Top Picks

Whilst the Dorset coastline offers countless options, the majestic Durdle Door is a must for any Dorset trip especially considering its close proximity to numerous other top class locations such as Lulworth Cove, Man O’ War Bay and Mupe Bay, all easily accessible via the South West Coast Path. If time permits, this area is worthy of a couple of days exploring and will not disappoint. Further West, Weymouth is an ideal base to visit Portland, the historic Old Weymouth Harbour as well as the coastal towns of West Bay and Lyme Regis in the west of the county. Whilst in the east, Swanage and Poole offer ready accessibility to Corfe Castle, Swanage Bay, Old Harry Rocks and the wonderfully diverse Arne Natural Reserve.

For a different, less windswept and sea sprayed feel, spending time around Blandford and Sturminster Newton offers riverside mills ravaged by time, rolling rural countryside, woodlands and tree lined avenues; a slower paced, calmer offering than the often tumultuous Dorset coastline.


Dorset is generally a safe destination for travel. You can photograph everywhere in confidence, including at night, but apply usual common sense when out with your camera gear. Caution should be taken around Dorset’s coast; the seas are often wild, especially around Portland and Lyme Regis, and it can be dangerously easy to be caught unawares by a rogue wave. Dorset’s coastline, specifically around West Bay, Burton Bradstock, Portland and the Lulworth area, has recently seen numerous severe cliff falls and landslips so great care should be taken both when using cliff top pathways and whilst near cliff footings; these cliff falls can, and have been deadly particularly after prolonged rain. Follow local weather/tide times before setting off (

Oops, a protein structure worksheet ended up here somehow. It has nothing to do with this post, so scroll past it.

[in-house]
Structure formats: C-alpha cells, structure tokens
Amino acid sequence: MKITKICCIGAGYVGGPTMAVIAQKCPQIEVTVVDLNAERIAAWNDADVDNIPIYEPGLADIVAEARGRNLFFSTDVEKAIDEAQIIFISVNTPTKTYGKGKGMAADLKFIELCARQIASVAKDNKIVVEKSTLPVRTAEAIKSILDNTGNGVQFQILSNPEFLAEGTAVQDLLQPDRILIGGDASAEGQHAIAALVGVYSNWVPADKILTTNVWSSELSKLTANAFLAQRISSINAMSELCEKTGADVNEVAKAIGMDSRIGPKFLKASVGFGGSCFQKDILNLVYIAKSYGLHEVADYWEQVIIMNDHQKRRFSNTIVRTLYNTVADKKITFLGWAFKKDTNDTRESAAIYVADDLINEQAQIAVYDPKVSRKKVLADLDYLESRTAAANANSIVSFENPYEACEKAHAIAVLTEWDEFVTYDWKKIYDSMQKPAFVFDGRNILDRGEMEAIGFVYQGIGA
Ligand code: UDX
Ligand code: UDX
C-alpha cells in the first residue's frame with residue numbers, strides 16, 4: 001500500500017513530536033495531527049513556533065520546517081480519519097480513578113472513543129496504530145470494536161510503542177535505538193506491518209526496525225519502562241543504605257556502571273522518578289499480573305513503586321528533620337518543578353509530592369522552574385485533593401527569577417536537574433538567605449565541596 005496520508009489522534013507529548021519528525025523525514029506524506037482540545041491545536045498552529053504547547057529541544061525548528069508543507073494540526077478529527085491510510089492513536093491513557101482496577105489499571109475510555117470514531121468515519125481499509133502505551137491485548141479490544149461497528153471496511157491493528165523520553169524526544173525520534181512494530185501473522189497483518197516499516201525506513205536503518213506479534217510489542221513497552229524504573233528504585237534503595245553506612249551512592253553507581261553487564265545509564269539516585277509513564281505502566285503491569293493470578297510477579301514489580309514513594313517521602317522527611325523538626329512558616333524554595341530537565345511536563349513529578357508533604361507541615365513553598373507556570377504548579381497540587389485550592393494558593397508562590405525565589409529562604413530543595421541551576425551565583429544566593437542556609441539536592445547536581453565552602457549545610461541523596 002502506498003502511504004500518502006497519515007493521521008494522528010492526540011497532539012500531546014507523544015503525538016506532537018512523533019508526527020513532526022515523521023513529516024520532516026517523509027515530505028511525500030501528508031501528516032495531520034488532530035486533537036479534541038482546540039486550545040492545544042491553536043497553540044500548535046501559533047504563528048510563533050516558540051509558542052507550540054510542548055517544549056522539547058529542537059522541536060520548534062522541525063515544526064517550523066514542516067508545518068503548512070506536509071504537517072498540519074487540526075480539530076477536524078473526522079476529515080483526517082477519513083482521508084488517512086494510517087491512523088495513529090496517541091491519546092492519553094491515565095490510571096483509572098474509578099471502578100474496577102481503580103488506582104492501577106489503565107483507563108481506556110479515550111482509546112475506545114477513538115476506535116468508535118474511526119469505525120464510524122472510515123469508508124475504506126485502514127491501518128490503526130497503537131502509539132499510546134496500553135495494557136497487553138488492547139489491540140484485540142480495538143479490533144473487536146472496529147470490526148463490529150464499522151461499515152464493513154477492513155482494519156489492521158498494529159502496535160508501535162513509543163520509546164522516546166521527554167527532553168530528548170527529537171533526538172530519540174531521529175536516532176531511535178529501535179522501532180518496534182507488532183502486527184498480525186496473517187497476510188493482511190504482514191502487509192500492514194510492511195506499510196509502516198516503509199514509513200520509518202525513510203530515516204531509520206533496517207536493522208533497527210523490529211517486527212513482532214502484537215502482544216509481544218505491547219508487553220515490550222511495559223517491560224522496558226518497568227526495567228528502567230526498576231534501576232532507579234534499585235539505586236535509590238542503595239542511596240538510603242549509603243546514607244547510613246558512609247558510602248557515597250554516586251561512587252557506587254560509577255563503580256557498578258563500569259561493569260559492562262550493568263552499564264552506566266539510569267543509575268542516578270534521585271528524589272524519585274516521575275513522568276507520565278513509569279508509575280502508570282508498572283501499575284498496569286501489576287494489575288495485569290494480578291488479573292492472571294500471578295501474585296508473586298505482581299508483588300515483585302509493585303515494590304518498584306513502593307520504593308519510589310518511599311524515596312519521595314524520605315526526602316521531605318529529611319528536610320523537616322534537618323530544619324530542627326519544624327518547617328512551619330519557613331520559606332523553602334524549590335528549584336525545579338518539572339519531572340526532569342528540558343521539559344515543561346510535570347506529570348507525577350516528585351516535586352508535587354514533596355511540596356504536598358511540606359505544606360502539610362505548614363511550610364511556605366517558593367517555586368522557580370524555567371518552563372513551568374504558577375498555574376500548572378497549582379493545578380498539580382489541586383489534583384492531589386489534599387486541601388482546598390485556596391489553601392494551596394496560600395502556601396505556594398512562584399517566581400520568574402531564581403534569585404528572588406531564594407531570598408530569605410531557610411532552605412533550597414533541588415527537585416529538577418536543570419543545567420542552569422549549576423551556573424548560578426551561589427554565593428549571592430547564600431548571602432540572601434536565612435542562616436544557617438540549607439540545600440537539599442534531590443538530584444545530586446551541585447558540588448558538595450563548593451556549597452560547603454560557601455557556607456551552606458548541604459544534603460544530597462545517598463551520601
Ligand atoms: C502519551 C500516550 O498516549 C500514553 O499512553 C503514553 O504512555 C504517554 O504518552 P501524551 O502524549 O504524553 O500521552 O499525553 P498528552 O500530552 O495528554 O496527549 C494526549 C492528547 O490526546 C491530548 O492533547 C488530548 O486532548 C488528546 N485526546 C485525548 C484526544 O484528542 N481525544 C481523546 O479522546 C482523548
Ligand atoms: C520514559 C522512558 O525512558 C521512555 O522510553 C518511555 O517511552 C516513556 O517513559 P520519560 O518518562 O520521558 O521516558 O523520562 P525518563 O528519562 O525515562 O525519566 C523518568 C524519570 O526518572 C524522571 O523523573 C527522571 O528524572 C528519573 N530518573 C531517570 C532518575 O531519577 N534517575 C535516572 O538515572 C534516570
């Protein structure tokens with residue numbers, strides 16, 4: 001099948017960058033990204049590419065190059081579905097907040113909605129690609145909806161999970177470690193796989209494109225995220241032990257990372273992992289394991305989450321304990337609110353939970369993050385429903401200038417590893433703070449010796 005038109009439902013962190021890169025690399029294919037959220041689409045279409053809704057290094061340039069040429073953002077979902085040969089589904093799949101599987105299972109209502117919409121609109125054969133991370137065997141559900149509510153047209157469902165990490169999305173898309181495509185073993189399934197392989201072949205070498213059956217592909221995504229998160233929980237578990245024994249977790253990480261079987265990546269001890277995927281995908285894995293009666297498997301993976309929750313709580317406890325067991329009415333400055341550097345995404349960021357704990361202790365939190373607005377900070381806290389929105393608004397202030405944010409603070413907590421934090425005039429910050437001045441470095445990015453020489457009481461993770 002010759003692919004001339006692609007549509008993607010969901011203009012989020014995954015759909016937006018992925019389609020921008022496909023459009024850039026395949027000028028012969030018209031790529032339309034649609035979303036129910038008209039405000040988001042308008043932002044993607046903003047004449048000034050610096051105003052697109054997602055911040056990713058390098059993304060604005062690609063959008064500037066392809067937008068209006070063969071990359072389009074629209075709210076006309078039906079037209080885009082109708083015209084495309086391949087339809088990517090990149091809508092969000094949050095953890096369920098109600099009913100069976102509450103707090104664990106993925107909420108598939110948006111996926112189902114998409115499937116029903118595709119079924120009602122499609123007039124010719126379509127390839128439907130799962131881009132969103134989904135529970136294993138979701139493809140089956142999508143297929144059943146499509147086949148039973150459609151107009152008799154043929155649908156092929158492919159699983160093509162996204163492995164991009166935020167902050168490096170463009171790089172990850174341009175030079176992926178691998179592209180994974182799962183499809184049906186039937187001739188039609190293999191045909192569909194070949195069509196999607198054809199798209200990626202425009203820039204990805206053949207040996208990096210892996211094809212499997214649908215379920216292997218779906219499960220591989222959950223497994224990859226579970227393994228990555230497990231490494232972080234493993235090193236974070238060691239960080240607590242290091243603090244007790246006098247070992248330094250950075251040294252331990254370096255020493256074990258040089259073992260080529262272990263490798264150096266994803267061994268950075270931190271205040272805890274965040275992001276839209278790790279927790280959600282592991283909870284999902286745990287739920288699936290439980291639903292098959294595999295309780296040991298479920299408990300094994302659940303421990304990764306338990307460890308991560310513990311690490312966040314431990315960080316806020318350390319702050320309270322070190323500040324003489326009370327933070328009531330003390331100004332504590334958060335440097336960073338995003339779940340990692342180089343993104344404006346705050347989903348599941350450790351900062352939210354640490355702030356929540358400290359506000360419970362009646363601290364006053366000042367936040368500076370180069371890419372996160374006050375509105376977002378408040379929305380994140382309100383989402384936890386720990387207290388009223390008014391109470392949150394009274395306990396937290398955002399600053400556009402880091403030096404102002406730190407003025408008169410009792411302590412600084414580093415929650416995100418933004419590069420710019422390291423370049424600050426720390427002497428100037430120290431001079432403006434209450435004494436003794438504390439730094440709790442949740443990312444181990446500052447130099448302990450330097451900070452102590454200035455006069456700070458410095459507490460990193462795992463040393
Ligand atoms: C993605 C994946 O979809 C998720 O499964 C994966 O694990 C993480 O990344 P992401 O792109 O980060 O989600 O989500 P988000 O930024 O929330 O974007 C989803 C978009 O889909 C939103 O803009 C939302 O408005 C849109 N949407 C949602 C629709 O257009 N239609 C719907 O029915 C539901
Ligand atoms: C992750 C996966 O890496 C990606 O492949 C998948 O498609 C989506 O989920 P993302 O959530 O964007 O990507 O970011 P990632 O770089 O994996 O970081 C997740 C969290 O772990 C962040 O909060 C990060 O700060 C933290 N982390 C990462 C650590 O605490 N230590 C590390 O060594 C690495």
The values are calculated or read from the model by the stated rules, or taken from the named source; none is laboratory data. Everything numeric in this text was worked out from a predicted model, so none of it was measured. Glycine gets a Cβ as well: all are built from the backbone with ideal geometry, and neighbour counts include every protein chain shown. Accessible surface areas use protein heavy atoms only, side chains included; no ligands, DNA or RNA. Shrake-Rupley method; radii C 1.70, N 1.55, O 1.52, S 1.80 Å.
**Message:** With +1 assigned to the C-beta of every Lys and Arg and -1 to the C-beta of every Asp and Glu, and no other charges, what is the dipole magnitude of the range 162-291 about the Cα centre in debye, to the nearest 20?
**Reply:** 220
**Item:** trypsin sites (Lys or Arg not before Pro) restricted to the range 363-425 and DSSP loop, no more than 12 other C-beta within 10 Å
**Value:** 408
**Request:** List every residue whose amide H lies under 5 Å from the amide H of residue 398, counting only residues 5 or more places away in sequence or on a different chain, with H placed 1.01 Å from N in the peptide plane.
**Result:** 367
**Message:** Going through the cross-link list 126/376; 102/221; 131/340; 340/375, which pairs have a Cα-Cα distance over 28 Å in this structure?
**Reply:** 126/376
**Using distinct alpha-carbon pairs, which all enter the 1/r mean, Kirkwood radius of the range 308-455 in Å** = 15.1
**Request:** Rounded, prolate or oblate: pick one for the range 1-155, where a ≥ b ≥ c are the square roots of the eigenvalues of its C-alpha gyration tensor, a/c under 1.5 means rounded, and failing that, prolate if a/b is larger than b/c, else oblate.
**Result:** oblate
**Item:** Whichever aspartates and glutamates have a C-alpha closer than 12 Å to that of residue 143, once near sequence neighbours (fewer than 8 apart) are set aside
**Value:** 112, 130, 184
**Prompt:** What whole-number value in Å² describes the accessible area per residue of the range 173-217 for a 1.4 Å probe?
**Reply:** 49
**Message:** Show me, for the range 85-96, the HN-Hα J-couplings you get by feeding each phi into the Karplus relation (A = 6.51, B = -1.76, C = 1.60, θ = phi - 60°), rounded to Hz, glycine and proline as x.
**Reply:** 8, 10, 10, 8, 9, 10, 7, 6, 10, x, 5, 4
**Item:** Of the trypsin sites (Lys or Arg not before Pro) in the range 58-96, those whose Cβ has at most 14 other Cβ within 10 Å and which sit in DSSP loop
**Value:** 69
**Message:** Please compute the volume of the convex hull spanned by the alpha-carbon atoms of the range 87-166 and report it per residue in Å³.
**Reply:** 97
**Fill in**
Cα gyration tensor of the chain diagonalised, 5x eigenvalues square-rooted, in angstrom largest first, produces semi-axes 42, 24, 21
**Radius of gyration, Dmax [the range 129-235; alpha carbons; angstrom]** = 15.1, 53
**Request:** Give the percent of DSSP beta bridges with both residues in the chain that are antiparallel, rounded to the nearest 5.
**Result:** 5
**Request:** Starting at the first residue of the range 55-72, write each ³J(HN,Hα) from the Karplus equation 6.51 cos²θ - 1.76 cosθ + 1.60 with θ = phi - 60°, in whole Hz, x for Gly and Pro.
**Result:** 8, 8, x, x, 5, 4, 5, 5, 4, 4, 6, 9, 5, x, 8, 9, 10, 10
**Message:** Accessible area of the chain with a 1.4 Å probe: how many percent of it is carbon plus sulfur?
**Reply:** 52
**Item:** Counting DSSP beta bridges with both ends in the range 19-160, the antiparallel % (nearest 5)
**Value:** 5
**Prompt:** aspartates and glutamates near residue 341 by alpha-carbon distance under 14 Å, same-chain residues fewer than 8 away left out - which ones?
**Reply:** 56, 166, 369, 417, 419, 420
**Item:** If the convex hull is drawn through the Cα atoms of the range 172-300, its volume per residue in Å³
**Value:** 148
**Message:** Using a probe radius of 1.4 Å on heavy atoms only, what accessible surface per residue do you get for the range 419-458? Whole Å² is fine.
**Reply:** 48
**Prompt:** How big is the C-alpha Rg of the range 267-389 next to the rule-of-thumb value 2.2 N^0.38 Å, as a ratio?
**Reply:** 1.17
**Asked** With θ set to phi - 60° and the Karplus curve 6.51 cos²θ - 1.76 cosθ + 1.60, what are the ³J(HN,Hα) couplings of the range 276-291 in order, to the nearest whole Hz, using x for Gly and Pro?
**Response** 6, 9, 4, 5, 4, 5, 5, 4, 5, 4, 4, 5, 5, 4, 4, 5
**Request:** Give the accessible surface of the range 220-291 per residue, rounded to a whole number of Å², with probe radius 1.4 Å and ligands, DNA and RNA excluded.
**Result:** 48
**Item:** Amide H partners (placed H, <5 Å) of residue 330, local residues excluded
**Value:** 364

The UK uses three-pin British plugs at 240V; if travelling from mainland Europe, a simple adapter will be required for electrical equipment use. The major mobile network providers are O2, Vodafone, EE and Three with the majority of the county’s network cover and data transfer being fast and reliable. Dorset is England’s only county devoid of a motorway and whilst there are good A roads between larger towns, it often feels like the whole county has ground to a halt during peak summer season. Allow additional travel time or visit locations early or late, avoiding school/work rush hour traffic; this will also ensure that you are not accompanied by the masses when on location – Dorset annually sees just under 30 million visitors.


Curated By

Chris Frost Author
A latecomer to photography, Chris was blessed to live close to the Yorkshire Dales, and is now back on the stunningly rugged Dorset coastline igniting a passion for landscapes although Chris’ real passion is water & seascapes.